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Winter Safety Tips
Holiday decorations help make the season bright, but they can be hazardous if they aren’t safely handled. Did you know that nearly half of home fires occur during the months of December, January, and February? About 210 home fires a year are caused by Christmas trees, which can pose a fire risk whether they are real – especially if they are dry – or artificial. Christmas tree lights, outdoor holiday lights, and other electric holiday decorations account for 25 percent of holiday fires. Keep your home and family safe during and after this holiday season with these tips.
  • Never leave electrical holiday decorations on while sleeping or away from home. Blow out candles before going to sleep or leaving the house.
  • Decorations are temporary; remove them after the holidays.
  • Surge protectors can prevent 50 percent of home electrical fires.
  • Inspect and dispose of any damaged decorations.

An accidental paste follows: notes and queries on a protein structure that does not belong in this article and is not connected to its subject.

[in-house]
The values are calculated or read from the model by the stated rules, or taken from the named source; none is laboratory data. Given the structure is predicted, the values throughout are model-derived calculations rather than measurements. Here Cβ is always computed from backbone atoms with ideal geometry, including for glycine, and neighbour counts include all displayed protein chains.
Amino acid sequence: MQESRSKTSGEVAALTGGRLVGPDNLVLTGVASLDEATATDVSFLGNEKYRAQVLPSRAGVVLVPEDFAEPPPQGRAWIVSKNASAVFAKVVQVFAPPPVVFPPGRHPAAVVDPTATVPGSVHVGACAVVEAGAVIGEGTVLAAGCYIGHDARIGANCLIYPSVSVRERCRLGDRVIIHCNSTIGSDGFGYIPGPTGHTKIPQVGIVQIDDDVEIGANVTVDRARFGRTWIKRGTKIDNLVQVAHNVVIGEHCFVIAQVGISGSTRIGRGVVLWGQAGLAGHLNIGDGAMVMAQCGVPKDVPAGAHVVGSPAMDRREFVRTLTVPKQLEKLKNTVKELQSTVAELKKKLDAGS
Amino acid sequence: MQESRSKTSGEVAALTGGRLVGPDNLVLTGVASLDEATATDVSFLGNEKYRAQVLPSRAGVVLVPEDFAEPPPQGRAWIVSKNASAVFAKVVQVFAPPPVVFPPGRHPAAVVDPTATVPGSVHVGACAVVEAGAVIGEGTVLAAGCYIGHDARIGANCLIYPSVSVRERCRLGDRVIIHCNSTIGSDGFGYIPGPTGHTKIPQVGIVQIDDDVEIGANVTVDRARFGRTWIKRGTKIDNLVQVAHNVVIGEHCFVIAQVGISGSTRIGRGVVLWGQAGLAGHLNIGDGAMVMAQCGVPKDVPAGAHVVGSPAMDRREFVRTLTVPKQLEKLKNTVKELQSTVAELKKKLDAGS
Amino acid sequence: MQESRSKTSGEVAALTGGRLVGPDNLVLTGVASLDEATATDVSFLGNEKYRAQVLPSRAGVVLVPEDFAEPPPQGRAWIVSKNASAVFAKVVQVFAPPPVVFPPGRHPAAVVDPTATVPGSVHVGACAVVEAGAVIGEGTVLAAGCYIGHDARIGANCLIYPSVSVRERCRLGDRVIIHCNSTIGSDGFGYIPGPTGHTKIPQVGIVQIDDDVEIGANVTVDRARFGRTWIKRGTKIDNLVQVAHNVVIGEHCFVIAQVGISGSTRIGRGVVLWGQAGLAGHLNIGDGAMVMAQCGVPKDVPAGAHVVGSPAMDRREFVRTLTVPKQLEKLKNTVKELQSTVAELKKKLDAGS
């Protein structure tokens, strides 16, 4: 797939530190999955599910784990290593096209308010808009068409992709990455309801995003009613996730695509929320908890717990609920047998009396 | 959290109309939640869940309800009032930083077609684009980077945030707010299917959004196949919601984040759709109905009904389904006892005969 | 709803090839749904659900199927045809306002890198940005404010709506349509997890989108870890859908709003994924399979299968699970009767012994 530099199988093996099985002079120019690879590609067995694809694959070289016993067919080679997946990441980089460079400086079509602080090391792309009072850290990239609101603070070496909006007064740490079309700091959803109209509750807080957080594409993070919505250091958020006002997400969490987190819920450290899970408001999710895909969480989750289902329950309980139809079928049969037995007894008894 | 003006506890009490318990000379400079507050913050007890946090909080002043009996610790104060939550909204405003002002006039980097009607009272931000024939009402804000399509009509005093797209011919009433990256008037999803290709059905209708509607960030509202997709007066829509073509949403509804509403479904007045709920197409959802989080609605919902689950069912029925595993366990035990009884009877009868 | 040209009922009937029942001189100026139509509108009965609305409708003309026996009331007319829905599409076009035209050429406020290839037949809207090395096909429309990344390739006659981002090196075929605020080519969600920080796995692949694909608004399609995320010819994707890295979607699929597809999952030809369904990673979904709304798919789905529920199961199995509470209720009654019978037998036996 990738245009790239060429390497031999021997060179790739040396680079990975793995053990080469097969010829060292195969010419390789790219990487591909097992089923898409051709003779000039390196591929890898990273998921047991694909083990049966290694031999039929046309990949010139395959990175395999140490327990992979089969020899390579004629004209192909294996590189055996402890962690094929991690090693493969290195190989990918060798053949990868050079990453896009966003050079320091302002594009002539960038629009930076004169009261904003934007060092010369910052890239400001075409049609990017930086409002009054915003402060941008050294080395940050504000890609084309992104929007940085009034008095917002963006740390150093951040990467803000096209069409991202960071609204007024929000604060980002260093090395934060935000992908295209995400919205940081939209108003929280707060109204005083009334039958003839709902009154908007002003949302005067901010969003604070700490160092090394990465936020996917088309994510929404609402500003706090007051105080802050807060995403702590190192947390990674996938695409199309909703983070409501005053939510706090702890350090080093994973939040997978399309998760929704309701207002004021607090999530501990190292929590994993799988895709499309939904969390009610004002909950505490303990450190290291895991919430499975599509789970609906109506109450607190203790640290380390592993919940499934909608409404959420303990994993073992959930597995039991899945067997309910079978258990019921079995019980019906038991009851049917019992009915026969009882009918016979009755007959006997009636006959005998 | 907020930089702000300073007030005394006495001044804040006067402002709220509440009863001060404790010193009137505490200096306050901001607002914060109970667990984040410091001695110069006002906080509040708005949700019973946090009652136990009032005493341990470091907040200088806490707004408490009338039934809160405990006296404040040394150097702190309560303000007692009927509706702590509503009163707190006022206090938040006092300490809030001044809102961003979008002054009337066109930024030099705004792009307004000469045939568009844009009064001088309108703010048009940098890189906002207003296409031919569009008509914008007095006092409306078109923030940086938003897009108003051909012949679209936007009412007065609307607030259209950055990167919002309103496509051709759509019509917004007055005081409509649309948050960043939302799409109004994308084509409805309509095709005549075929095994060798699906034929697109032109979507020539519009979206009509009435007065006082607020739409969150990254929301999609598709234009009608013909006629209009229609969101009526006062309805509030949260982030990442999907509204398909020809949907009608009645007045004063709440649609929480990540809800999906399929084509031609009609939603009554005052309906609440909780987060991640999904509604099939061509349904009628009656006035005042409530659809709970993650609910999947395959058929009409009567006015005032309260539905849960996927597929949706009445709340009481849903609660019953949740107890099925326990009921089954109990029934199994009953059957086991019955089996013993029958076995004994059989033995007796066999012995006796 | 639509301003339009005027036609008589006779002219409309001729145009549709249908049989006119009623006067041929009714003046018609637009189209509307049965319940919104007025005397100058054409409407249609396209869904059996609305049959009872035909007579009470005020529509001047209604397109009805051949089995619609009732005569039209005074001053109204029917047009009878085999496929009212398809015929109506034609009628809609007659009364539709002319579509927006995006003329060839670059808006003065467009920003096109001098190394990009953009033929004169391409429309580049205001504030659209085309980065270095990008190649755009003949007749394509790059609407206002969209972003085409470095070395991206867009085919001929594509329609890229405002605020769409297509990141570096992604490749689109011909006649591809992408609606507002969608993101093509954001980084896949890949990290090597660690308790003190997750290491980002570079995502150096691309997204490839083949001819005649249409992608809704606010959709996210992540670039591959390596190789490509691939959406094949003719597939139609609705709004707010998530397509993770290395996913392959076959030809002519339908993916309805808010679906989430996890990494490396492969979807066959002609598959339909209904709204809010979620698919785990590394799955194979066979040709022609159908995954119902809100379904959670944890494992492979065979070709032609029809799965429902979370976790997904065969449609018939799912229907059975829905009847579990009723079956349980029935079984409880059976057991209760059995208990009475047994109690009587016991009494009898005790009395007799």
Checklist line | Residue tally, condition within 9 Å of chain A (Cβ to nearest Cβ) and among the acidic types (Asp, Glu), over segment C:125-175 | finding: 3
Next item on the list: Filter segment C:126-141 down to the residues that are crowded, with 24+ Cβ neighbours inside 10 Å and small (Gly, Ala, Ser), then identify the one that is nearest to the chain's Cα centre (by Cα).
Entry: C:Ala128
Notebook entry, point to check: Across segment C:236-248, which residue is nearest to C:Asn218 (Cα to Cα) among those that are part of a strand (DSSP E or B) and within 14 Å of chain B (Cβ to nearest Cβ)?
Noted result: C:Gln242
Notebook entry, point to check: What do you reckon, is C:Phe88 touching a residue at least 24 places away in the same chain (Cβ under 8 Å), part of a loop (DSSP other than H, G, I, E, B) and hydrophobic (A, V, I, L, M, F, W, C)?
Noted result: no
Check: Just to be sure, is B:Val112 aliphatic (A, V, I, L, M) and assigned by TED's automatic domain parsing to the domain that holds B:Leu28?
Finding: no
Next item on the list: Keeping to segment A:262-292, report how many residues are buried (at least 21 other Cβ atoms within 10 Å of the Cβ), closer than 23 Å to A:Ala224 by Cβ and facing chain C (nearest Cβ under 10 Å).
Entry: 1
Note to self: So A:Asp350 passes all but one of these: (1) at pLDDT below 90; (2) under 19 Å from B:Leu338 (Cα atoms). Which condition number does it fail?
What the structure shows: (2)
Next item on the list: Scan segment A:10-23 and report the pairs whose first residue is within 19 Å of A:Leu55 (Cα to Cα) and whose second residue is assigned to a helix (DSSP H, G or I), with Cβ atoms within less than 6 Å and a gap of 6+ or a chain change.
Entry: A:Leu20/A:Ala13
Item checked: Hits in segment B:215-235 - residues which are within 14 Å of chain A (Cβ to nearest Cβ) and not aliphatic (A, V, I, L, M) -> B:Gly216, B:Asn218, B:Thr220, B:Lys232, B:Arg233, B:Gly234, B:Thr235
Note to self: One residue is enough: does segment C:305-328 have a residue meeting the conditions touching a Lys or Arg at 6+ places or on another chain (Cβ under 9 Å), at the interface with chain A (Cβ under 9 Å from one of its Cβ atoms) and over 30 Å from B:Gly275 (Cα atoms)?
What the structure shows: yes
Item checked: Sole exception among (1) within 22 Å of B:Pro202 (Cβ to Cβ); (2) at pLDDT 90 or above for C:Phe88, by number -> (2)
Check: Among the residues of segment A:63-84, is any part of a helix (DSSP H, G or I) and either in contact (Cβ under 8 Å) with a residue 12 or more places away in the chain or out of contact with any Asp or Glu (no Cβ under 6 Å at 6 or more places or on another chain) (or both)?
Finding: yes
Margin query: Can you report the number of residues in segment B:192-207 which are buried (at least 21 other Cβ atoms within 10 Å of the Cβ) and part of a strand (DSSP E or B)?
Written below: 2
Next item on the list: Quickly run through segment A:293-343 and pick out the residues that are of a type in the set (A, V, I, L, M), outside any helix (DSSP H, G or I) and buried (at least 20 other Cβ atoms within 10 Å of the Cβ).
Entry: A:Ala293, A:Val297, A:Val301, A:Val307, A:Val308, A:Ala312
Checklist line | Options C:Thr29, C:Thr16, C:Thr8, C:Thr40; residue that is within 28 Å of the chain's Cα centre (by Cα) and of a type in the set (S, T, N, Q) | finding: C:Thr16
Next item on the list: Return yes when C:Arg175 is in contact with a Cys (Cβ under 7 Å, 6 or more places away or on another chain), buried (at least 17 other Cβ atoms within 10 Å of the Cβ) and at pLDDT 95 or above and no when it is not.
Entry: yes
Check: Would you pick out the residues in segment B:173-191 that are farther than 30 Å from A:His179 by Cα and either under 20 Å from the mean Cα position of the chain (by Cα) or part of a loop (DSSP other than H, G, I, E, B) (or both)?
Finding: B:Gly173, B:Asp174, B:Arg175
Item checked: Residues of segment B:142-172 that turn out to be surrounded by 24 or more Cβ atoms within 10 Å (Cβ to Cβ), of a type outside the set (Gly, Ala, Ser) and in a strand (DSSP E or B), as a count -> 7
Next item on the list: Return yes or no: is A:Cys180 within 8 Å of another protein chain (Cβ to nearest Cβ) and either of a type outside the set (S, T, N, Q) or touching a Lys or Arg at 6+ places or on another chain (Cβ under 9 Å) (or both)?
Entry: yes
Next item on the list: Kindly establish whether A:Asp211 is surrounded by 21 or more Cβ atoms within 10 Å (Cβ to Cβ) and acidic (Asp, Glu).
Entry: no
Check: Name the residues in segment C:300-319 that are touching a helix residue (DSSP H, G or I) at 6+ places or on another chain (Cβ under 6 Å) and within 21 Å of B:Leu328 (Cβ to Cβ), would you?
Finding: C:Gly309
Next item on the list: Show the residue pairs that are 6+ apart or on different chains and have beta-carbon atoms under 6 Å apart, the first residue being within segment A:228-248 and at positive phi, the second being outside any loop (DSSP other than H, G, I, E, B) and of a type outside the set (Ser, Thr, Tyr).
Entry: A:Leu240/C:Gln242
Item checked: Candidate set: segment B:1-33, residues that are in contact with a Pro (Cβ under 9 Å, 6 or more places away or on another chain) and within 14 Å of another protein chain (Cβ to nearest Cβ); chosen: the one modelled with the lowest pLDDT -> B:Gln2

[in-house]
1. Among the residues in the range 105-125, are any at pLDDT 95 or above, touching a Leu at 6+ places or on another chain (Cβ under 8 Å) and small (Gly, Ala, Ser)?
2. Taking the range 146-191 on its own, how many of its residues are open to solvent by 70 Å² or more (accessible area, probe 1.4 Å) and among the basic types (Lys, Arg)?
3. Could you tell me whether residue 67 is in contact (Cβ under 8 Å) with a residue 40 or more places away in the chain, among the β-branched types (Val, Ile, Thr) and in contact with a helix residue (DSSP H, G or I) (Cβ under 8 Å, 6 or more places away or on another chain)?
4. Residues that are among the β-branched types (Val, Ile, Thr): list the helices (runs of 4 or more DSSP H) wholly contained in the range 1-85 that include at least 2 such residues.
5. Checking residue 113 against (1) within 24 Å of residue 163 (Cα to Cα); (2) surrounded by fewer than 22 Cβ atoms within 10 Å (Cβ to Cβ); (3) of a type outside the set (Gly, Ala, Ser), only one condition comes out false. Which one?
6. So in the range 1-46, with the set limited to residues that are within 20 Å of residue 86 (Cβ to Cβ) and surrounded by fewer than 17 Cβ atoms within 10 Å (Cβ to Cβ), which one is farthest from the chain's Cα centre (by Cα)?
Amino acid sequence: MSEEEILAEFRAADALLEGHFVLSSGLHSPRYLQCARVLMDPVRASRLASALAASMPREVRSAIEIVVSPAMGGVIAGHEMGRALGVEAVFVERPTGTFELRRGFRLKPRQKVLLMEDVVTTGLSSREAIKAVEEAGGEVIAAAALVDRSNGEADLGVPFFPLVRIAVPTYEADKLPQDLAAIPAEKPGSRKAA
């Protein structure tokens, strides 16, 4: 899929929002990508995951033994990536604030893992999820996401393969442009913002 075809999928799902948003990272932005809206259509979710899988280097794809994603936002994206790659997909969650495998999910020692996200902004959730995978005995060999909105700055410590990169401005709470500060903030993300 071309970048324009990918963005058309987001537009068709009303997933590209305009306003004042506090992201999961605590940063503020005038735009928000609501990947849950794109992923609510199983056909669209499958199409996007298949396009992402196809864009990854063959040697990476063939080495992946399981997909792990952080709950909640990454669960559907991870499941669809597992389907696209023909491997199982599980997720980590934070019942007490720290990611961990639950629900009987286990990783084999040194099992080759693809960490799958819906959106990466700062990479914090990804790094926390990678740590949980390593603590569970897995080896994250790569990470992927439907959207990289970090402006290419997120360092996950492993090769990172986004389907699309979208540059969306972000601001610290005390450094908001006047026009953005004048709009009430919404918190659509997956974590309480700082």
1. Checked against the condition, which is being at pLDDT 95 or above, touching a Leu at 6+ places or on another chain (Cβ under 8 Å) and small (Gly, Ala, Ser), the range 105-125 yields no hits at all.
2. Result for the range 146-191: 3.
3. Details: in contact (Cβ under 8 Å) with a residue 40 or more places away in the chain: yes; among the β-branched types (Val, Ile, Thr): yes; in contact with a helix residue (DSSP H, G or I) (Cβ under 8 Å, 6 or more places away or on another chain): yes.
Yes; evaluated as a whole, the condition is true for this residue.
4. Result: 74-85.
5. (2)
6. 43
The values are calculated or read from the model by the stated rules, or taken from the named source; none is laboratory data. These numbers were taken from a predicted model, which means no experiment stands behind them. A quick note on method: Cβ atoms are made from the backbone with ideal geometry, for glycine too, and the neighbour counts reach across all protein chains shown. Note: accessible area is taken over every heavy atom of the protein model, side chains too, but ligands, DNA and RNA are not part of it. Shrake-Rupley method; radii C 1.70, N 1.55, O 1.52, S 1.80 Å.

• Separate and label indoor and outdoor decorations.
  • Store decorations in a dry location that is safely out of reach of children and pets.
  • Water your Christmas tree to reduce the risk of it catching fire
To light your Christmas tree and decorations, you may need to use an extension cord, but an extension cord that isn’t used properly is dangerous. Extension cords cause nearly 3,300 home fires each year, killing 50 people and injuring 270 more. Extension cords can overheat and cause fires when used improperly, so keep these important tips in mind to protect your home and workplace.
  • Don’t attempt to plug extension cords into one another.
  • Make sure extension cords are properly rated for their intended use, indoor or outdoor, and meet or exceed the power needs of the appliance of device being used.
  • Do not overload extension cords.
  • Inspect cords for damage before use. Check for cracked or frayed sockets, loose or bare wires, and loose connections.
  • Do not run cords through walls, doorways, ceilings, or floors. If the cord is covered, heat cannot escape, which may result in a fire hazard.
  • Only buy cords that have been approved by an independent testing laboratory.
  • Keep all outdoor extension cords clear of snow and standing water.
  • A heavy reliance on extension cords is an indication that you have too few outlets to address your needs. Have additional outlets installed where you need them.
  • Do not nail or staple electrical cords to walls or baseboards.
  • Never use three-prong plugs with outlets that only have two slots. Never cut off the ground pin to force a fit, which could lead to electric shock.
  • Do not substitute extension cords for permanent wiring.